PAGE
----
Tim Worstall

Not so much of a surprise

We know that social mobility does happen, but not all that much:

Children in England who receive free school meals go on to earn less than their peers, even when they achieve the same qualifications, with half of them earning £17,000 or less at the age of 30, according to research.

So, folk who are defined as poor at one stage of life are likely to be so at another. We might even wish this to be different. But it is, and it’s largely the same everywhere too.

Possibly, possibly

The biggest civil unrest in decades is likely this autumn. Not all angry people are not going to sit quietly at home, fretting in silence when they realise what is happening to them is being done deliberately. They are going to take to the streets.

But who are they going to hang, Spuddo?

There is, though, the risk of moral hazard in this. That risk is that everyone might decide not to pay, whether they can or not. That cannot happen, so whilst Universal Basic Services must exist, those wanting to use them must be required to prove their need to use this service.

The idea should be open to all though, although those on benefits should not need to give further data on income based on the fact that they incomes will already be known. For everyone else, this data will be required, as will details of outgoings be needed for everyone involved.

Once this data is established (and this must be done as simply as possible) then an agreed maximum payment per month must be fixed, and be fairly and appropriately split between all those due to be paid.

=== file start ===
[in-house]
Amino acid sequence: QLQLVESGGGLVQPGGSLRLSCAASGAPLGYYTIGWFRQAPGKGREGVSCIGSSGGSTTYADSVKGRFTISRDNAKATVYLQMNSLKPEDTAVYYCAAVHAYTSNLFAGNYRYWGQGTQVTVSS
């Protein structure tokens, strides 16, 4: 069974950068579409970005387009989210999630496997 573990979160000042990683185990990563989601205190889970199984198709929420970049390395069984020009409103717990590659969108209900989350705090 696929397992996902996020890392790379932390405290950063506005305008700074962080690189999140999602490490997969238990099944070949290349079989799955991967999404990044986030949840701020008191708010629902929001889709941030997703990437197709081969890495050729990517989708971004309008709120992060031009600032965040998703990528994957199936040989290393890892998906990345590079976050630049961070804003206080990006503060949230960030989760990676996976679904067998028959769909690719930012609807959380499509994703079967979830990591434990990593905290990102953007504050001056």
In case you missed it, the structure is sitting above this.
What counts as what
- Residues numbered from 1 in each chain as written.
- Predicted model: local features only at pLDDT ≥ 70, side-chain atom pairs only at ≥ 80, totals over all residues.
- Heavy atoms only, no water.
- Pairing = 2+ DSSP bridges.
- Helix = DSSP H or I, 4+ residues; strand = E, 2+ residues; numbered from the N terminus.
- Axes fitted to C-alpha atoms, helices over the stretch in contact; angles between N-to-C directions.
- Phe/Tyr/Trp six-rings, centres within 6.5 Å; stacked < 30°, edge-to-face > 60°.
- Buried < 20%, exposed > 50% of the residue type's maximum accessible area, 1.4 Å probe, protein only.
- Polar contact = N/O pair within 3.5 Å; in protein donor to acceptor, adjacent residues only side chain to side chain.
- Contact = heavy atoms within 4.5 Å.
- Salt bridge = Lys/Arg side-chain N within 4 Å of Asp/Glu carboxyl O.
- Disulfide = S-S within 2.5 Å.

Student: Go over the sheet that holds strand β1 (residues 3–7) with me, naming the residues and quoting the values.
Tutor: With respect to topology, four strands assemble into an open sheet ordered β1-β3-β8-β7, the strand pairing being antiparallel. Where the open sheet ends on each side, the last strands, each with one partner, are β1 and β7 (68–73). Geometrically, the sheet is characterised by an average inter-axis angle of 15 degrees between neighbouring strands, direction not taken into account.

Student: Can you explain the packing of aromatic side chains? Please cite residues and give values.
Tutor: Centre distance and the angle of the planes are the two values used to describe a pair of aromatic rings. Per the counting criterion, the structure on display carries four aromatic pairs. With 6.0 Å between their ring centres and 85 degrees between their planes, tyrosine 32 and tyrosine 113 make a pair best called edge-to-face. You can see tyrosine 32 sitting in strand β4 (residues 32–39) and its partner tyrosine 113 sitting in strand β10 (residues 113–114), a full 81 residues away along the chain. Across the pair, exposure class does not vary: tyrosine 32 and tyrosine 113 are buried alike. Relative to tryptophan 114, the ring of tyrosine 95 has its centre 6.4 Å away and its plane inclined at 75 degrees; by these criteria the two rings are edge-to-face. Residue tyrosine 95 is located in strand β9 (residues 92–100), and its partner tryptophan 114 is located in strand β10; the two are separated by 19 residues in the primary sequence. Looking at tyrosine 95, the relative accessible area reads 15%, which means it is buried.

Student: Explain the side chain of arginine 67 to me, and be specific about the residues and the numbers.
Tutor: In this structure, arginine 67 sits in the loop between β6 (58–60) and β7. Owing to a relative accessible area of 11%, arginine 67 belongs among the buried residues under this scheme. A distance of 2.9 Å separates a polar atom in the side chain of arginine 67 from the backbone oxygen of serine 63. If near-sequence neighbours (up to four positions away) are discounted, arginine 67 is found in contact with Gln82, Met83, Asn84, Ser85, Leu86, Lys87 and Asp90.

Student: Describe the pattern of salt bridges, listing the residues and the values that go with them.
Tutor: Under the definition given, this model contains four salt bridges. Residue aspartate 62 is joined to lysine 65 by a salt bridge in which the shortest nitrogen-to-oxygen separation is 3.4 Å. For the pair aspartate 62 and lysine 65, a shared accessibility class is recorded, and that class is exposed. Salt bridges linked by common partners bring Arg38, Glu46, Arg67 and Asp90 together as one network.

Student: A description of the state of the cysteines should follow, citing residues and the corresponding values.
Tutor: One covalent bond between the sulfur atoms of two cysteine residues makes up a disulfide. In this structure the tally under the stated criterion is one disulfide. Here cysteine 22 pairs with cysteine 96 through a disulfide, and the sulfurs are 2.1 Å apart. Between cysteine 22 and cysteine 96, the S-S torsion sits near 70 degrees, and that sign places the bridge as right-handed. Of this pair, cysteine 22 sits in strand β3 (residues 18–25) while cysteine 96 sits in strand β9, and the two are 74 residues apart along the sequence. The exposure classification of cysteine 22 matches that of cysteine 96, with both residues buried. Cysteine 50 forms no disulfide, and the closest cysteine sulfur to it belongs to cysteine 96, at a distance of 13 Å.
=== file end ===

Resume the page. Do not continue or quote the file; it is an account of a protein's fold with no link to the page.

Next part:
The government could and should administer that payment scheme. So, the person in the scheme should make one payment to the government and the government should then pay those they owe for them. In effect, this is a creditor’s voluntary insolvency arrangement on a massive scale.

Importantly, this scheme has to be mandatory. In other words, anyone owed money by those in this scheme will have no choice but accept the payment that they as all that will ever be paid. It will not be an option for them.

And just to be clear, the amounts not paid will have to be written off: there will be be accumulating debt left behind which landlords and others might then use to evict tenants once this crisis is over. The payments made will cancel the full liabilities owing.

What about the companies owed money? They will say this is grossly unfair. But, let’s be honest, nothing about what is happening here is fair. War is not fair. The actions of the Bank of England are not fair. The UN Secretary General says that the energy companies are screwing us.

And let’s give a mention to the banks, who are going to profit massively from the additional interest payments due to them as a result of the increase on the interest rate on the funds they have technically deposited with the BoE as a result of the operation of QE.

To put that extra bank profit in context: they cannot make less than £14 billion extra profit next year as a result of the gains handed to them directly by the BoE. That’s not fair. So let’s not shed too many tears for them.

But, some companies will still complain and want support. And I think if they can make a case for it – on a case by case basis for companies of this size – they should get it. But the price should be that they hand over a share of their business for all the support they get.

There should be no handouts, grants or loans. If these businesses are under-capitalised to manage the losses which all large companies should be robust enough to withstand then they must pay the price for wanting the additional capital that they will demand from the government.

Great, innit? Bankrupt all the companies by letting folk off their bills. Then nationalise all the companies as they go bust.

What a plan!

A Petropavlovsk detail I’d not known

As well as have having mines in Russia’s far east, one of the company’s prized assets is its ownership of one of only two factories in the country that extract gold and metals from ore, a difficult process.